Buzzfeed Is Teaching Me to Cook

Cheese-Stuffed Pizza Pretzels

Posted by Tasty on Thursday, 14 January 2016

Admit it: you’re now ready to try this yourself.   Buzzfeed – long the master of virality – is conquering the foodies with its short wordless recipe vids.   Within 24 hours of posting, 37 million people had learned how to make cheese-stuffed pizza pretzels and 650,000 people had liked the recipe, according to Fortune.  Buzzfeed’s Tasty channel has now knocked Justin Bieber from the top spot of video creators,  having received a billion views in December.
What’s the secret?   One is that it’s content created specifically  – or optimised –  for Facebook, which make use of its Autoplay feature.  They’re so quick that you may as well finish watching them if you start.  According to Fortune, this strategy can be expensive, and risky,

On top of the costs, there’s a high risk for publishers that rely on a platform like Facebook or Snapchat to distribute their content. Famous YouTube stars have long complained that they don’t “own” their subscribers. In other words, if they left YouTube they’d have to build up their following again from scratch. The same is true of Facebook, which constantly tweaks its algorithm to favor or suppress certain kinds of content. Algorithm tweaks have tanked entire media businesses (ahem, Upworthy). Of late, Facebook’s algorithm has favored video posts above photos and text-only posts.

To many, outsourcing digital distribution is a repeat of what happened in the web’s earliest days. Everyone wanted their publications to live inside a web portal like AOL, and it seemed mutually beneficial: AOL had the audience but no content to give them, and media organizations (including Time Inc.’s former parent company, Time Warner), had the content but no audience. But those relationships soured and media companies decided it was better to control and operate their own websites.

“Every content provider, every production company, every publisher would like to have control over the pipe,” Cooper says. But since social media platforms are today’s “pipes,” BuzzFeed is working within that construct. The company has mitigated risk by using multiple platforms, giving the company “the distinct advantage of not becoming over-reliant on one platform,” Cooper says.

Buzzfeed has taken this one step further, by burrowing down and creating Proper Tasty, a channel specifically for British comfort food lovers, which turns out to be their fastest facebook page.   This is the Long Tail of the internet, allowing publishers to target niche populations.  And as a Brit, I have to admit that I may just end up trying bangers and mash sausage rolls.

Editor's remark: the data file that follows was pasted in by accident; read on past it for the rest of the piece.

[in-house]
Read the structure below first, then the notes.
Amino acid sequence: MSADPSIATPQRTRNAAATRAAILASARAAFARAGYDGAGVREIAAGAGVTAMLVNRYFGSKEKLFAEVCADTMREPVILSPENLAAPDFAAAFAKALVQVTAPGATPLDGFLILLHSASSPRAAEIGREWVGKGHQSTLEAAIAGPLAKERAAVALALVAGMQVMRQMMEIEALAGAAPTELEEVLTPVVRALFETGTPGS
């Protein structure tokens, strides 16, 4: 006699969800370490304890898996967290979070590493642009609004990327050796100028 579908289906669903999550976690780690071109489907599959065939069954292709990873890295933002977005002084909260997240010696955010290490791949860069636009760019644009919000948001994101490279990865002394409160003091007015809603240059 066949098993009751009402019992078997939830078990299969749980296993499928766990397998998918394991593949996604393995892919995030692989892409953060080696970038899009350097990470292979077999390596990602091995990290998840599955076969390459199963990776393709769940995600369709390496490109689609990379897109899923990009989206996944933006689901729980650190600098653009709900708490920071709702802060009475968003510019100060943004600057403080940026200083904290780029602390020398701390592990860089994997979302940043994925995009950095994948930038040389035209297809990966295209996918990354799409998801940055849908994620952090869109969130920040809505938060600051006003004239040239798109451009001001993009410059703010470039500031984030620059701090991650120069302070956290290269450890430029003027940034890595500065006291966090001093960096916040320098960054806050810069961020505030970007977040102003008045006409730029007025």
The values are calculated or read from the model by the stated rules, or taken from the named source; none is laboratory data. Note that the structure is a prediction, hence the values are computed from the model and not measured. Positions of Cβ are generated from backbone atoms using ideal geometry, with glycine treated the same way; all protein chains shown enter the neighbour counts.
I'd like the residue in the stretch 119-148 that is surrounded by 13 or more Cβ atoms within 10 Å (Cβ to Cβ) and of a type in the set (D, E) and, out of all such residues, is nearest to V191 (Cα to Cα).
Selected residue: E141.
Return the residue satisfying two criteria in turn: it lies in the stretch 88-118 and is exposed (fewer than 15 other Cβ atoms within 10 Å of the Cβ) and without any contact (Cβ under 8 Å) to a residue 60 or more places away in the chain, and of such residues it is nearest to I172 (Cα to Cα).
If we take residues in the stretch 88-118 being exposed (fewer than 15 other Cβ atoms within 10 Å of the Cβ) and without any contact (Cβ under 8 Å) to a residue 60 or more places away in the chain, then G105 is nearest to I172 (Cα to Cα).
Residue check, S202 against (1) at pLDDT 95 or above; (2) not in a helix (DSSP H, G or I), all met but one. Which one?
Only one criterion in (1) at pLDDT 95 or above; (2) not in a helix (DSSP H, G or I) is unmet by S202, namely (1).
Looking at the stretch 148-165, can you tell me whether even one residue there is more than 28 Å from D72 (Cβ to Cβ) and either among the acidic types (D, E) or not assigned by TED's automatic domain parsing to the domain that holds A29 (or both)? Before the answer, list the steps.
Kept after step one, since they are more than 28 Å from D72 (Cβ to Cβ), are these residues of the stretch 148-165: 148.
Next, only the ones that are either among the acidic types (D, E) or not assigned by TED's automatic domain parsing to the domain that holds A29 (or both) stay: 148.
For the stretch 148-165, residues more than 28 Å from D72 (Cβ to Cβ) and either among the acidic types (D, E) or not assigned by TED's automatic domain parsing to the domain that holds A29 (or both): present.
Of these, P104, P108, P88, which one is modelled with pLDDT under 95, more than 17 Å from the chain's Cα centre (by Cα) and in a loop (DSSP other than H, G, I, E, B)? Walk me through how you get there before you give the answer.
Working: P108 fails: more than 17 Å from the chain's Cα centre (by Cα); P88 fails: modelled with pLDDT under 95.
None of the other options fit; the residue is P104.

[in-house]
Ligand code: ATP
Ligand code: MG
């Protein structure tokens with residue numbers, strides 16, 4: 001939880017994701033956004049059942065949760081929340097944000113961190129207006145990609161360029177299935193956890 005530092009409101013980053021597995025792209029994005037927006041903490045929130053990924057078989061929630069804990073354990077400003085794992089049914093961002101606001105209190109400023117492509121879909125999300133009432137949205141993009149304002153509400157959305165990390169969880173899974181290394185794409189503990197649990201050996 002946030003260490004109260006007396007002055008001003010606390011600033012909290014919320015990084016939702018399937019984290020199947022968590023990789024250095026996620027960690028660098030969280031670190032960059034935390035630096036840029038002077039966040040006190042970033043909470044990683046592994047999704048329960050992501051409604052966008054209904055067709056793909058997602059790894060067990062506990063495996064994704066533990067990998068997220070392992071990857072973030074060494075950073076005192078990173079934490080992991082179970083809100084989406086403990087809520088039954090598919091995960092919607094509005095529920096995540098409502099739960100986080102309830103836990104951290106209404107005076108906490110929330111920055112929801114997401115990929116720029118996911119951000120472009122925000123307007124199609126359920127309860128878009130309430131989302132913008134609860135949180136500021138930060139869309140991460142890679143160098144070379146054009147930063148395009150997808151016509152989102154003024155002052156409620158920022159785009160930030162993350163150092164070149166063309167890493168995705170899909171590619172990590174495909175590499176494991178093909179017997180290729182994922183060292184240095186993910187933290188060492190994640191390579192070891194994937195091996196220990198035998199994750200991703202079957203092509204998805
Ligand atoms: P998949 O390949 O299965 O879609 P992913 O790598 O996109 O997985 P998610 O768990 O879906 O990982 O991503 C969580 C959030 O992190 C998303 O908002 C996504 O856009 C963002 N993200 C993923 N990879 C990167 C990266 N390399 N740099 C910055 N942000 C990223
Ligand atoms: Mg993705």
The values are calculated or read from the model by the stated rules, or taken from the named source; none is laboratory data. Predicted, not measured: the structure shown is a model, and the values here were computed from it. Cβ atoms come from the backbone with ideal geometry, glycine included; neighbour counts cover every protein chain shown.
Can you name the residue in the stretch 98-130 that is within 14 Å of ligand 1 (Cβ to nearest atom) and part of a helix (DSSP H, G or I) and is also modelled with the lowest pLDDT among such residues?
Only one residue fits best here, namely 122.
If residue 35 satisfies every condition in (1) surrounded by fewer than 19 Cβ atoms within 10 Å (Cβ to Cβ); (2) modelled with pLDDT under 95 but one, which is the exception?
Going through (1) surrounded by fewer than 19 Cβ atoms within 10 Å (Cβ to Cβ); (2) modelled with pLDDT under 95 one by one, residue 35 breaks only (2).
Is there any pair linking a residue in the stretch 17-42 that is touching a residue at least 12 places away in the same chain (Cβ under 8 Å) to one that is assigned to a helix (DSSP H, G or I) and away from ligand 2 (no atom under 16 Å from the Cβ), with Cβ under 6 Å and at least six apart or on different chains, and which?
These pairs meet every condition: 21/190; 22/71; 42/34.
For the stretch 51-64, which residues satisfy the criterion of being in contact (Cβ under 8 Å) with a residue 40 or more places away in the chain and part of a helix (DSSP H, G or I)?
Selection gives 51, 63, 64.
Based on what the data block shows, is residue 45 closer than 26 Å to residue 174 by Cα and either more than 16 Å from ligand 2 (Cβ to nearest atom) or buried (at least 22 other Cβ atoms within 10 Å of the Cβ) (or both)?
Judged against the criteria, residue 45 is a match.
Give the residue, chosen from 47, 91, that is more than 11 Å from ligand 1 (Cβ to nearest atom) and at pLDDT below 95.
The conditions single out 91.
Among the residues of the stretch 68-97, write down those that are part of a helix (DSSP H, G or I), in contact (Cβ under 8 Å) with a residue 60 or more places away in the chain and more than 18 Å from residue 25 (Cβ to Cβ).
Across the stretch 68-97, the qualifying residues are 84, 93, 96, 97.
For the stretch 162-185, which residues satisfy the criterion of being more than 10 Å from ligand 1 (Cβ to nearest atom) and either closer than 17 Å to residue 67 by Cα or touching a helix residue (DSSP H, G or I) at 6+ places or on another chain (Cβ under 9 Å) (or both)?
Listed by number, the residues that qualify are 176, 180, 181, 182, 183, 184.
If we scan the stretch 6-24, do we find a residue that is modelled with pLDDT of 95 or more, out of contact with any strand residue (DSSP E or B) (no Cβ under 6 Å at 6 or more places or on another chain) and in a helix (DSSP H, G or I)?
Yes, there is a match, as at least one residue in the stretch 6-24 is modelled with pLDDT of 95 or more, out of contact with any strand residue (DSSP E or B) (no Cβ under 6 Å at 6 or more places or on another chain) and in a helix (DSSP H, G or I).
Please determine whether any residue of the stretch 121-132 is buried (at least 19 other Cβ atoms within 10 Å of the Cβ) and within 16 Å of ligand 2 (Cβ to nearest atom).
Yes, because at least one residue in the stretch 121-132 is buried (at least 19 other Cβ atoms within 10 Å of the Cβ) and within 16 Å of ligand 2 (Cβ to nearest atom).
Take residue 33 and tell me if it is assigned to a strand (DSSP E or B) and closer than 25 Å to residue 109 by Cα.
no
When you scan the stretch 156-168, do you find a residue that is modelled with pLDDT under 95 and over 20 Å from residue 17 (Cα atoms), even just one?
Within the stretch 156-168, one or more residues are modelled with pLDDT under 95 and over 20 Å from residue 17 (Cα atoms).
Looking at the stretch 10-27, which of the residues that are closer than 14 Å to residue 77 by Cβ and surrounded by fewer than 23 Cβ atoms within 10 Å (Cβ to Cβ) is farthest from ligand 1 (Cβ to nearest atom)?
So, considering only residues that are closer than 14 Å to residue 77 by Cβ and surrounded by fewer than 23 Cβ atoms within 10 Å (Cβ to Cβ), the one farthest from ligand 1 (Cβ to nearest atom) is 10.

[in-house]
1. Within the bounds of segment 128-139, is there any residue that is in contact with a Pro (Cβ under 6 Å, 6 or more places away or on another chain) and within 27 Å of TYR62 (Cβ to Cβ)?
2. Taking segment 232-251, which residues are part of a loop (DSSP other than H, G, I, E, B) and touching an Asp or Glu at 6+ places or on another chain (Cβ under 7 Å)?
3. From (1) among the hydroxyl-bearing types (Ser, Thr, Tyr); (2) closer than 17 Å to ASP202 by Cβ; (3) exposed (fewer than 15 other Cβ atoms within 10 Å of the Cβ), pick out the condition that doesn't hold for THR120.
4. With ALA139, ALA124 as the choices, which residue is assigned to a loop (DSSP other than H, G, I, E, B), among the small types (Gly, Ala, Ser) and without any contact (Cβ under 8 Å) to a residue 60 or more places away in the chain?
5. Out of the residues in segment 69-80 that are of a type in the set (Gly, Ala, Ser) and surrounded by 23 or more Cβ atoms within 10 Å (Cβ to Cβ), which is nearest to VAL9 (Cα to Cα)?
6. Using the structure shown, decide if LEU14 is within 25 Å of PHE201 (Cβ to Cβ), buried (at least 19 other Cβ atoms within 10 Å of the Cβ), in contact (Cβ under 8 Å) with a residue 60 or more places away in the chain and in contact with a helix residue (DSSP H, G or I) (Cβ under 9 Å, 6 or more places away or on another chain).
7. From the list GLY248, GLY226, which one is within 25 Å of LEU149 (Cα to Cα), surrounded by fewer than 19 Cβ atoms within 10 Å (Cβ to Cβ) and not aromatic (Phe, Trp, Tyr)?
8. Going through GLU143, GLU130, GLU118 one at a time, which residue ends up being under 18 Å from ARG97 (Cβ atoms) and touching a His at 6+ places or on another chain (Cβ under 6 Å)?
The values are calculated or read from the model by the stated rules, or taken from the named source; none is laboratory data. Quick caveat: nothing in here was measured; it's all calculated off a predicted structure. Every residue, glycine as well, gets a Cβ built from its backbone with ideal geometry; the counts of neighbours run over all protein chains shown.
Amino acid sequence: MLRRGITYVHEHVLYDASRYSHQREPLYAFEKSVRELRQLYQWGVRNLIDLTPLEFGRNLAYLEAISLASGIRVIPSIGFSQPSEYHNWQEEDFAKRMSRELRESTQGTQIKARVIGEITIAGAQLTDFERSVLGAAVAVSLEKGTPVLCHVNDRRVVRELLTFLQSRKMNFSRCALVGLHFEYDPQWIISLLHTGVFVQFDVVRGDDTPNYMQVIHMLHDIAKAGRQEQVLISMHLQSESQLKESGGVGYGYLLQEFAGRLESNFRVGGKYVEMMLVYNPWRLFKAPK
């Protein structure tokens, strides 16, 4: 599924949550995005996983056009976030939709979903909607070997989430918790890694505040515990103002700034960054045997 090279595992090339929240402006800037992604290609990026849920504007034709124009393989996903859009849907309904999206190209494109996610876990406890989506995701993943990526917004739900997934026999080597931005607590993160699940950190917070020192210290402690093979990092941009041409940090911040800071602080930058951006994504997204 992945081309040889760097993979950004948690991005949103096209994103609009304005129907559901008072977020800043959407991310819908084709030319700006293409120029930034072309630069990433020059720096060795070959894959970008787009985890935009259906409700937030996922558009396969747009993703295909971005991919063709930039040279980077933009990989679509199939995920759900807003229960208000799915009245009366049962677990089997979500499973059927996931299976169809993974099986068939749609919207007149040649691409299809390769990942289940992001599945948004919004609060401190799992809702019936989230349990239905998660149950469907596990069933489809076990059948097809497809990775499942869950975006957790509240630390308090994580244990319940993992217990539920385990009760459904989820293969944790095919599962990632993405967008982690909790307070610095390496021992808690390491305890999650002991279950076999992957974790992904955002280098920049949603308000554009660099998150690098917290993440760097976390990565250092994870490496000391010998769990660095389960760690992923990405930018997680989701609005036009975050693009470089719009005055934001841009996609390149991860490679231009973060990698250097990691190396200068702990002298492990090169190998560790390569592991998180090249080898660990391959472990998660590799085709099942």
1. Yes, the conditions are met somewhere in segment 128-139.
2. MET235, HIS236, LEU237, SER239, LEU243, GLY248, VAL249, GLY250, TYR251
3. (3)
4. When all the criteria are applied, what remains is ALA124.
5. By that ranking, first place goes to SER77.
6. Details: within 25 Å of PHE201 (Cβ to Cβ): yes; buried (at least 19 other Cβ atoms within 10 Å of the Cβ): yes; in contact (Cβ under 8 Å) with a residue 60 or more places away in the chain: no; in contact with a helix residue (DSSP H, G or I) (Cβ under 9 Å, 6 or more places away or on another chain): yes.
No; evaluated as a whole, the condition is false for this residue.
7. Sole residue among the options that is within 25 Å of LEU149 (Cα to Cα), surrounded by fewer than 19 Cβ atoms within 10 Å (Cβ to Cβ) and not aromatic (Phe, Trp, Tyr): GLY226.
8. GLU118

Bangers And Mash Sausage Rolls

Posted by Proper Tasty on Sunday, 17 January 2016

READING:  1) Should Reddit be blamed for spreading a smear? (NYT)                                                                                       2) Ten Ways That Journalists Can Use Twitter Before, during and After a Story (Poynter)                                                     3) Digital Media Ethics (Uni of Wisconsin)


Live tweet a news event.  Ideally it would be something local that you are actually present at, though it could be a press conference or some other such event that you are watching live online.   It should be something that relates to your beat.   Paste each tweet into your wordpress site, so that others are able to view your live-tweeting experience.   Please do not paste teeny-weeny screenshots. (for Jan 24 8pm)    The rubric is here.   USE THE CLASS HASHTAG! #c439

Five Things You Could Live-Tweet

Peachy Keen

Big news:  there’s a new social network that’s blowing up, but everyone is kind of clueless about what it is and does.

Buzzfeed’s explainer is itself somewhat baffled.

Where did this app come from?
I have no freakin’ clue, bro. This thing came out of nowhere and now everyone has it.

In fact Peach was started by Vine Founder Dom Hofman, and one of its capabilities, according to Tech Radar is a host of magic words.

Typing “shout” lets you write in big blown up letters on a colored background with an emoji. “Draw” does what you think it would, “song” lets you share what you’re listening to with others, who can tap on it to listen themselves, and “rate” will let you rate literally anything between one and five stars.  GIF, here, goodmorning, goodnight, battery, dice, safari are also Magic Words, and Peach promises more are on the way.

However, the Next Web warns Peach is already being taken over by people using fake celebrity names.  So is it the next big thing?  It’s big among Tech Twitter – tech journalists, investors and entrepreneurs – but that doesn’t necessarily mean it will catch on.  “What does Tech Twitter’s early interest tell us about Peach’s future success?” asks Re/Code. “Not much”, it concludes.

READING:  How Americans Get Their News.  (American Press Institute)

ASSIGNMENT:  Write a blogpost of around 400 words introducing yourself, your media consumption habits and the beat that you will blog upon in the next semester.   How do you get your news?  Have your news consumption habits changed since arriving at university?   In describing your news consumption habits, please tie them into the some of the trends described in Post-Industrial Journalism.   How do your news consumption habits differ from those of your parents?   Explain what beat you will be focusing on in your blog over the next semester and why. (Jan 12 8pm)

Holograms and virtual reality… the future is now

It’s been a good week for holograms, what with the Edward Snowden holographic statue tribute, followed by the world’s first holographic protest in Spain.   This is probably the first augmented reality protest, in this case against a new set of National Security bills, which would criminalize gatherings in front of parliament.  There’s a new site, Holograms for Freedom.